Developers looking into the Swing inspired LWUIT framework now have a book to help them out, while the LWUIT team is looking forward to what's to come in the next version. You can hear one company's experience with LWUIT on the latest Java Mobility podcast.

See more on LWUIT in this new series of short videos on a range of Java ME topics, with shorts on Java Device Test Framework, JSR 290, and  too.

Friday Aug 14, 2009

Java ME: Smart browsing on dumb phones


Think you need a $martphone to browse the web ?

The intriguing BOLT browser should get you to think again (thanks to arch-blogger Hinkmond for the heads up). With desktop-like features like split-screen browsing, feed support, saving web pages, streaming video and accompanied by excellent reviews of its speed even on the most basic phones, how can it do it when all the client requires is the most basic of Java ME APIs: MIDP 2.0, rather than the fancier MSA 2 shipping on the newer Java ME phones ?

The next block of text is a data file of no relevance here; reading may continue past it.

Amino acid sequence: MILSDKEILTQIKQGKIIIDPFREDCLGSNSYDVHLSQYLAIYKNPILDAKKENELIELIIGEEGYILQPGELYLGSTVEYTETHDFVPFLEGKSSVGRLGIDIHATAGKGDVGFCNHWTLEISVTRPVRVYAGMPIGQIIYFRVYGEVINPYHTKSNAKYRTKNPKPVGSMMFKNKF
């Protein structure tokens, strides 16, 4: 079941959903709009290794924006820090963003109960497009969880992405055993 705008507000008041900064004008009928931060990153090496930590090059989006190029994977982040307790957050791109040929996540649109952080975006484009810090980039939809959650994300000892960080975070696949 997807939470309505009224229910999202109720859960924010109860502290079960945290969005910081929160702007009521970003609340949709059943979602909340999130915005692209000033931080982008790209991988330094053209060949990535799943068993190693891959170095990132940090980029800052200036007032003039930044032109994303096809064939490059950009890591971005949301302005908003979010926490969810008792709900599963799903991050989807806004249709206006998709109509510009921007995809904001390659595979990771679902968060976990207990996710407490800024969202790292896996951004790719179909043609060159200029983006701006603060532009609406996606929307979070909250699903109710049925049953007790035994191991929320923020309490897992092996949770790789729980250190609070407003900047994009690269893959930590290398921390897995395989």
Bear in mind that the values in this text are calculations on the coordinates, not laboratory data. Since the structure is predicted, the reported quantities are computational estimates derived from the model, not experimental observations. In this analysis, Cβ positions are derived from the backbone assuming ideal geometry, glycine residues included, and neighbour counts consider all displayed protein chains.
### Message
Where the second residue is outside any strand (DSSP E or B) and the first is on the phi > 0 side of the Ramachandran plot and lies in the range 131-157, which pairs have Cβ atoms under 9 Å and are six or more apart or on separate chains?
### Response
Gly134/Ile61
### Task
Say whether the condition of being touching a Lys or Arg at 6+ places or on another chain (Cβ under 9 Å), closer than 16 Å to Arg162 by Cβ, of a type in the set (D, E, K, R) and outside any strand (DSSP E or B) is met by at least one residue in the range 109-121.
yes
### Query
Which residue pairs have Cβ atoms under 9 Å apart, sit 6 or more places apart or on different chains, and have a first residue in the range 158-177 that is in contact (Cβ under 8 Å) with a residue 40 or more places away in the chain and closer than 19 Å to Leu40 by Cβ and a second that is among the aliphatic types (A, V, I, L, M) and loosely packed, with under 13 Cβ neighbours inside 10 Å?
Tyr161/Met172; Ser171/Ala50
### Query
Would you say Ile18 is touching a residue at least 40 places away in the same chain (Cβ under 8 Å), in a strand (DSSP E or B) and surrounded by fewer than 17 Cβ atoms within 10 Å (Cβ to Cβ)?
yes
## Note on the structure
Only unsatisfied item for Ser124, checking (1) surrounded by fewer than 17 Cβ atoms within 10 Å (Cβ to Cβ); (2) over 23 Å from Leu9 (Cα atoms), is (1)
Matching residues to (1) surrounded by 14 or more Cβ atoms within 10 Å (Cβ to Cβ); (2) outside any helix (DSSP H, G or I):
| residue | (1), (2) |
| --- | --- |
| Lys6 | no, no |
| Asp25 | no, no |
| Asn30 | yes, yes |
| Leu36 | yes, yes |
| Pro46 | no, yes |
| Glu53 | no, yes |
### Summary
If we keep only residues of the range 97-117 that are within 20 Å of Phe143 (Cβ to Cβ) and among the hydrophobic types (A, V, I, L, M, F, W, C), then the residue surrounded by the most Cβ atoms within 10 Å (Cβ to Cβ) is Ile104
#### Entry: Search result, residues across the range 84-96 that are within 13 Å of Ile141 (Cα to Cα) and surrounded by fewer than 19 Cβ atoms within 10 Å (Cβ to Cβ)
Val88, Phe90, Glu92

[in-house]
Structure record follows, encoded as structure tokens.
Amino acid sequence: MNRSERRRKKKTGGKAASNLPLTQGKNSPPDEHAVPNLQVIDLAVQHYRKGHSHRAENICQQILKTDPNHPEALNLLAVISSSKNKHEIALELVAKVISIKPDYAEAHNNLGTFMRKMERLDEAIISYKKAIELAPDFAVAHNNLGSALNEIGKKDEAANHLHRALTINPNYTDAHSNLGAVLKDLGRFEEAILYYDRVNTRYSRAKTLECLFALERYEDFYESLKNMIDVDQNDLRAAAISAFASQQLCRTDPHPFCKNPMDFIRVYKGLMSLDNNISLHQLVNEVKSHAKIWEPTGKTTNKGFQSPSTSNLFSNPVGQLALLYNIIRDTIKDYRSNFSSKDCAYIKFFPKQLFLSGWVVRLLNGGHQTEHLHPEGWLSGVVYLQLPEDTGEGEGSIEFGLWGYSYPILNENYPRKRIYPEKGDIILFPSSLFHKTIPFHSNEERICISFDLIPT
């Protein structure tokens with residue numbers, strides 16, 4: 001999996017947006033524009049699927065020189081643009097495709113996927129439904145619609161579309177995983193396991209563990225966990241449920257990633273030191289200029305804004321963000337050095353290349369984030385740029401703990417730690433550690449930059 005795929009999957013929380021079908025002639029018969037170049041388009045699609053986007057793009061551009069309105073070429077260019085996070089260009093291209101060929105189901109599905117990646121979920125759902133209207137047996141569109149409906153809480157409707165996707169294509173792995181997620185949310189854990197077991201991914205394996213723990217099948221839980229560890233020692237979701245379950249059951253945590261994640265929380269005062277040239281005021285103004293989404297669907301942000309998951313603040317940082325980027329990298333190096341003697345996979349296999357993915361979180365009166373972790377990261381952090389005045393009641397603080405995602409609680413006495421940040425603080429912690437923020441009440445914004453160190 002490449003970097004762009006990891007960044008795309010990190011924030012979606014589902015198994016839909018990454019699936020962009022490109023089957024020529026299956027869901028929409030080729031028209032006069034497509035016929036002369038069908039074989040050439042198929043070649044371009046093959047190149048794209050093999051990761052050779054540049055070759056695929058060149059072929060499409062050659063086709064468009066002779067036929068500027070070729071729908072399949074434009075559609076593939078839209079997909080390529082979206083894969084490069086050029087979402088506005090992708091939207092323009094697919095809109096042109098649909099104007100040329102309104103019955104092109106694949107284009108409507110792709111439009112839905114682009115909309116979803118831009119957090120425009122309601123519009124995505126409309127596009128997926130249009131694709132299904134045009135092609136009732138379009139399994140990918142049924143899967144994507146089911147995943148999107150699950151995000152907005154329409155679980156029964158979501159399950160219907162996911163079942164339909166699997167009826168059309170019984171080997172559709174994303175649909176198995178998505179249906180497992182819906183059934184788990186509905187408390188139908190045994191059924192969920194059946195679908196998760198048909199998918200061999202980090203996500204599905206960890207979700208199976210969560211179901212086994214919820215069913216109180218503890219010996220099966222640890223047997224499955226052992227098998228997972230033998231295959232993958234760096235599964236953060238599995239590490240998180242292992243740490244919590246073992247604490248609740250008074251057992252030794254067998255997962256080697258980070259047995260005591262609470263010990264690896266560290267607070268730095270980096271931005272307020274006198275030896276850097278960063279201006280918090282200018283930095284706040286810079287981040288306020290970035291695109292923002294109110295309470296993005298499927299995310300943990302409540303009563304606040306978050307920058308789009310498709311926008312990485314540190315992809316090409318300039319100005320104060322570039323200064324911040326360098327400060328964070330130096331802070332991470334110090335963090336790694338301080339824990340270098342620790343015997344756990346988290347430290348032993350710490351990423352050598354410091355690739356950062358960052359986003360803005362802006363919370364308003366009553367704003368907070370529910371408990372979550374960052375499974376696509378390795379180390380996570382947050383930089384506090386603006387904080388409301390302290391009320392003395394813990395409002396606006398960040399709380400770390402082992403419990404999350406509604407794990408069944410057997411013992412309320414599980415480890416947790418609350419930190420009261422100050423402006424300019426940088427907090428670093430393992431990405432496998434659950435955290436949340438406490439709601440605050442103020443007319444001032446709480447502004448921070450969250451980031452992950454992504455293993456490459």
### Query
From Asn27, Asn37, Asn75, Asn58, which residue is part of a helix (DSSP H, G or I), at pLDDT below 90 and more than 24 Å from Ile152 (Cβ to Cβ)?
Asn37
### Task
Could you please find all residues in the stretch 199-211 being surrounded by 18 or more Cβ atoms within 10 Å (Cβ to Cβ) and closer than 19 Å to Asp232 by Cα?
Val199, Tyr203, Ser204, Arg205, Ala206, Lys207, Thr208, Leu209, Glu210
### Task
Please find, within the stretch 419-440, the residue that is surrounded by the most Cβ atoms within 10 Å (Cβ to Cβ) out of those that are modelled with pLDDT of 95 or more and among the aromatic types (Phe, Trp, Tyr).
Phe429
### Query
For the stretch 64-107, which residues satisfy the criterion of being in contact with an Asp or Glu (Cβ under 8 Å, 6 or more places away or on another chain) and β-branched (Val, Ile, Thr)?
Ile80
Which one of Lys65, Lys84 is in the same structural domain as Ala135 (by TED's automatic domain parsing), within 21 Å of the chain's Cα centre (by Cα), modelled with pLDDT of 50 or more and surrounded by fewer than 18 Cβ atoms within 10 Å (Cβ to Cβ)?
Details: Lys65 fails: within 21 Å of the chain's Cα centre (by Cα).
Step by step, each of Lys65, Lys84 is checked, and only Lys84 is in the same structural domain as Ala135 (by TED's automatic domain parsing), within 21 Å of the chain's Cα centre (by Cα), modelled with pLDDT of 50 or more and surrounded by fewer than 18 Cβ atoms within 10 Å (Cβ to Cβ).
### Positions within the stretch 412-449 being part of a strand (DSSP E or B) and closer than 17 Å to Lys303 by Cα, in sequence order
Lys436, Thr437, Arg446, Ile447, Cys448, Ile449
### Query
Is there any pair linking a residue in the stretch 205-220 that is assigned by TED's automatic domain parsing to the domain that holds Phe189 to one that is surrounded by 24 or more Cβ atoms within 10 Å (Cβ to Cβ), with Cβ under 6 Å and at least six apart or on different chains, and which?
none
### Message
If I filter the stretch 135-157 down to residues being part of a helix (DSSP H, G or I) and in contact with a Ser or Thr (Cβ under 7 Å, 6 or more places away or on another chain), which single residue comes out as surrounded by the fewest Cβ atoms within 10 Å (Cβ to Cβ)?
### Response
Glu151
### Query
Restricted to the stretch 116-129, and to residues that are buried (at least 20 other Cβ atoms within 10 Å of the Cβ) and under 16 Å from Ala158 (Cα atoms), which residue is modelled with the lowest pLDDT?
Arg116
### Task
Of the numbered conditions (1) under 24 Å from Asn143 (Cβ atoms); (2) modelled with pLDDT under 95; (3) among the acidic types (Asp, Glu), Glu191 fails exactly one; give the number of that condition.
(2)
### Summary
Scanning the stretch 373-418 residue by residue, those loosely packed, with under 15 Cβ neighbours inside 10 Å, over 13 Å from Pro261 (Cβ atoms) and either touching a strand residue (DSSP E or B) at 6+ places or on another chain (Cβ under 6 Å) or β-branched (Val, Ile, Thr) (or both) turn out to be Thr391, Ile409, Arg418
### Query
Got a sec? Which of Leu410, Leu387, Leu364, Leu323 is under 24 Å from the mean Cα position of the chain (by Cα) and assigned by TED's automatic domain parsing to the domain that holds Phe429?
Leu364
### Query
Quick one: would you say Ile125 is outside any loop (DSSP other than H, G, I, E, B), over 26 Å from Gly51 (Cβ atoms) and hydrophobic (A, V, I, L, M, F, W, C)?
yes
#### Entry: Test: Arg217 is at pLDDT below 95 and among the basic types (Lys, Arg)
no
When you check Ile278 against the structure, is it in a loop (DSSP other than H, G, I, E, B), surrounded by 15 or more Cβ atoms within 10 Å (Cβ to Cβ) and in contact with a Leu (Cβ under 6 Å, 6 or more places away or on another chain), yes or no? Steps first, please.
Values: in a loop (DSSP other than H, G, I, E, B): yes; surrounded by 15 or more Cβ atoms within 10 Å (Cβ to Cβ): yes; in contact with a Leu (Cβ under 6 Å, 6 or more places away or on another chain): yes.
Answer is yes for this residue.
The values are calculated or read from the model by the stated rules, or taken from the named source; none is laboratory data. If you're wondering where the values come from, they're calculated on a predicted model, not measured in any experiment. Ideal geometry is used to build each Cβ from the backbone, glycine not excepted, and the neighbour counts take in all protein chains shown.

The client part (which Bitstream claims has long passed the millionth download mark) of the BOLT browser is just half the story: the heavy lifting is handled on the server through which renders and compresses the data (23:1, if you believe them) ready to squirt back to the phone.

And BOLT isn't the only of this new breed of browser.

Thursday Aug 06, 2009

Java ME: LWUIT Upgrades


For those developers working on apps for today's feature phones, the Java Swing-inspiredLWUIT has long been a good option for making good looking UIs such as these. And its just part of the all-devices-in-one Java ME SDK 3.0.

Last month LWUIT made its 1.2 release with a raft of new features, paying particular attention to a revamped way of inserting style into components and backgrounds, and a newly online designer tool (seems to be all the rage these days).